Good: Napster gives you a choice to buy your songs or "rent" them. Pay $50 a year (an average of $4.17 a month) and you can listen to any song, any time you're connected to the Internet, without downloading the song permanently to your computer. This is called streaming, and it's something iTunes doesn't do. The yearly subscription can cost less than buying: If you listen to 100 songs or 1,000 songs, you still pay only $50 a year, but if you buy 100 songs or 1,000 songs at 99 cents a track, you're out $99 to $990. As long as you pay your subscription, your computer can play your Napster music.

Better: Don't feel like searching for songs? Napster radio channels will automatically play music from any genre you pick. If you later decide to pay $96 a year (an average of $8 a month) for the option to listen to music on your phone, you can save your favorite songs to your phone to listen to them even when you can't get a data signal. While Rhapsody offers similar services, Napster is slightly cheaper.

Best if you: Want to listen to a lot of music without paying a lot of cash.

Not so great if: Napster goes out of business and you didn't buy any of the songs or albums you listened to; you'll have nothing to show for all those months or years of subscribing. That's what happened to me and a ton of others when Yahoo Music called it quits a few years ago. Also, if you buy songs in the .WMA format, they won't play back on an iPod Touch or other iDevice.

Rhapsody and Sony's Music Unlimited (click "Music Unlimited")

Good: Similar idea to Napster, though priced differently. Rhapsody: The lowest you can pay is $9.99 a month, but that gives you the option to use Rhapsody with most smartphones. If you're computer-only, though, Napster is $50 a year (an average of $4.17 a month). Sony: The lowest you pay is $3.99 a month, and the highest is $9.99.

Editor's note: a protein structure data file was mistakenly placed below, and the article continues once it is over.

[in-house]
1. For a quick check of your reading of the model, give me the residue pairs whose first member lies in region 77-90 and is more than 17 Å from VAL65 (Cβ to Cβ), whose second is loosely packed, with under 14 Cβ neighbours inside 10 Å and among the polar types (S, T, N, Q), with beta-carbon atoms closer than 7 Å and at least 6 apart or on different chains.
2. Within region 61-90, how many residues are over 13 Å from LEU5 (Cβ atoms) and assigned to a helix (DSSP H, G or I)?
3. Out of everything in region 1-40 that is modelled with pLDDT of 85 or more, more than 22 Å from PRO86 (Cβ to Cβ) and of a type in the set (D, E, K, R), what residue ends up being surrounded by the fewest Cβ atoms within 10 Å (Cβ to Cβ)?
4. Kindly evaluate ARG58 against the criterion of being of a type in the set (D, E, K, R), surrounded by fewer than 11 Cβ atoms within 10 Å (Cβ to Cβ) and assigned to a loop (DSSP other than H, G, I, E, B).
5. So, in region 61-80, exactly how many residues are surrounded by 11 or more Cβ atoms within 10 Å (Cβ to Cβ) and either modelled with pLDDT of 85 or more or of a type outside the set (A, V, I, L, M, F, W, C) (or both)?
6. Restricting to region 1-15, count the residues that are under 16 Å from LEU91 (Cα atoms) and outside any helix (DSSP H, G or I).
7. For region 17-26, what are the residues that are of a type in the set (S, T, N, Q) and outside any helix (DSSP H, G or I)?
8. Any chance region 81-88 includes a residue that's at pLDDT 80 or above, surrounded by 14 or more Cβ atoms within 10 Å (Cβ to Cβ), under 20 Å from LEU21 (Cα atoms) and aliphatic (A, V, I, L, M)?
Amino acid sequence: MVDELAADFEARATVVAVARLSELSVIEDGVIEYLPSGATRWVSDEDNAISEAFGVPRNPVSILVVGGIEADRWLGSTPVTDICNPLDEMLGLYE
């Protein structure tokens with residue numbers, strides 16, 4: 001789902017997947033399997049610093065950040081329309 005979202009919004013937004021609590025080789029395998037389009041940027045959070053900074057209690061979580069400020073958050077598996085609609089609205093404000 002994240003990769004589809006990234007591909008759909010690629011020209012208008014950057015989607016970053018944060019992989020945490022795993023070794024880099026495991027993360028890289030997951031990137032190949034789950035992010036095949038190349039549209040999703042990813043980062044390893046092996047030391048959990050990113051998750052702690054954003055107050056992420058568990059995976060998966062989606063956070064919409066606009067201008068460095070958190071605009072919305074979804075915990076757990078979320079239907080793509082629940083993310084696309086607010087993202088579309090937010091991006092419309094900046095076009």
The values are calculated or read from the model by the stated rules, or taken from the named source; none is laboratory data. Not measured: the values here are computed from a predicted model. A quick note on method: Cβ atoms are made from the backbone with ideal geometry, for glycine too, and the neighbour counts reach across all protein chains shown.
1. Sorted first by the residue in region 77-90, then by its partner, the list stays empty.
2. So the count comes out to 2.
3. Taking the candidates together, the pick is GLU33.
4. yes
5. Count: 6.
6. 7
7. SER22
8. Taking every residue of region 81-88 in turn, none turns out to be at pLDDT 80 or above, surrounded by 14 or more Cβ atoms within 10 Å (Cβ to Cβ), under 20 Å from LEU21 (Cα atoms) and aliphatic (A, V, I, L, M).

Better: Unlike Napster, Rhapsody lets anyone listen to 25 songs a month free, without any obligation. Sony plays on its PlayStation 3 video game console and Bravia TVs that can connect to the Internet.

Best if: See Napster above

Not so great if: See Napster above.


Good: The people at eMusic like to set themselves apart from the rest of the pack. They have a lot of the mainstream hits, but they really shine with indie music you might not have heard before. Their prices are lower—you can get many songs for 79 cents—and their pricing model is different. You pay a predetermined amount each month or quarter or year—starting at $11.99 a month -- and that determines how many songs you can buy during that period. So, if you pay $11.99 a month, you have a month to download $11.99 worth of music. If you don't spend all that $11.99, though, the balance doesn't carry over to the next month. The eMusic folks call this pay arrangement a membership.

Better: If you pay more upfront and get a bonus allotment. Spring for the $15.99 membership and get a $1.00 bonus, so you can download $16.99 worth of music in a month. Pay the $162.99 yearly membership and get a $40.89 bonus so you get a year to buy $203.88 worth. See the membership scale on eMusic's website here. If your account is running low, you can buy booster packs to get more music. The topper is you're not obligated to renew your membership every month or quarter or year, so you can take a break whenever you want.

Best if you: Want to limit how much you spend on music over a certain month or quarter or year.

Not so great if you: Want to buy just about any song you can think of, because eMusic's library is not as big as its competitors.

Have a question about your computer, cellphone, camera or any gadget? Let us know! E-mail Eric Gwinn at, and you could be featured in an upcoming Gadget Q&A column.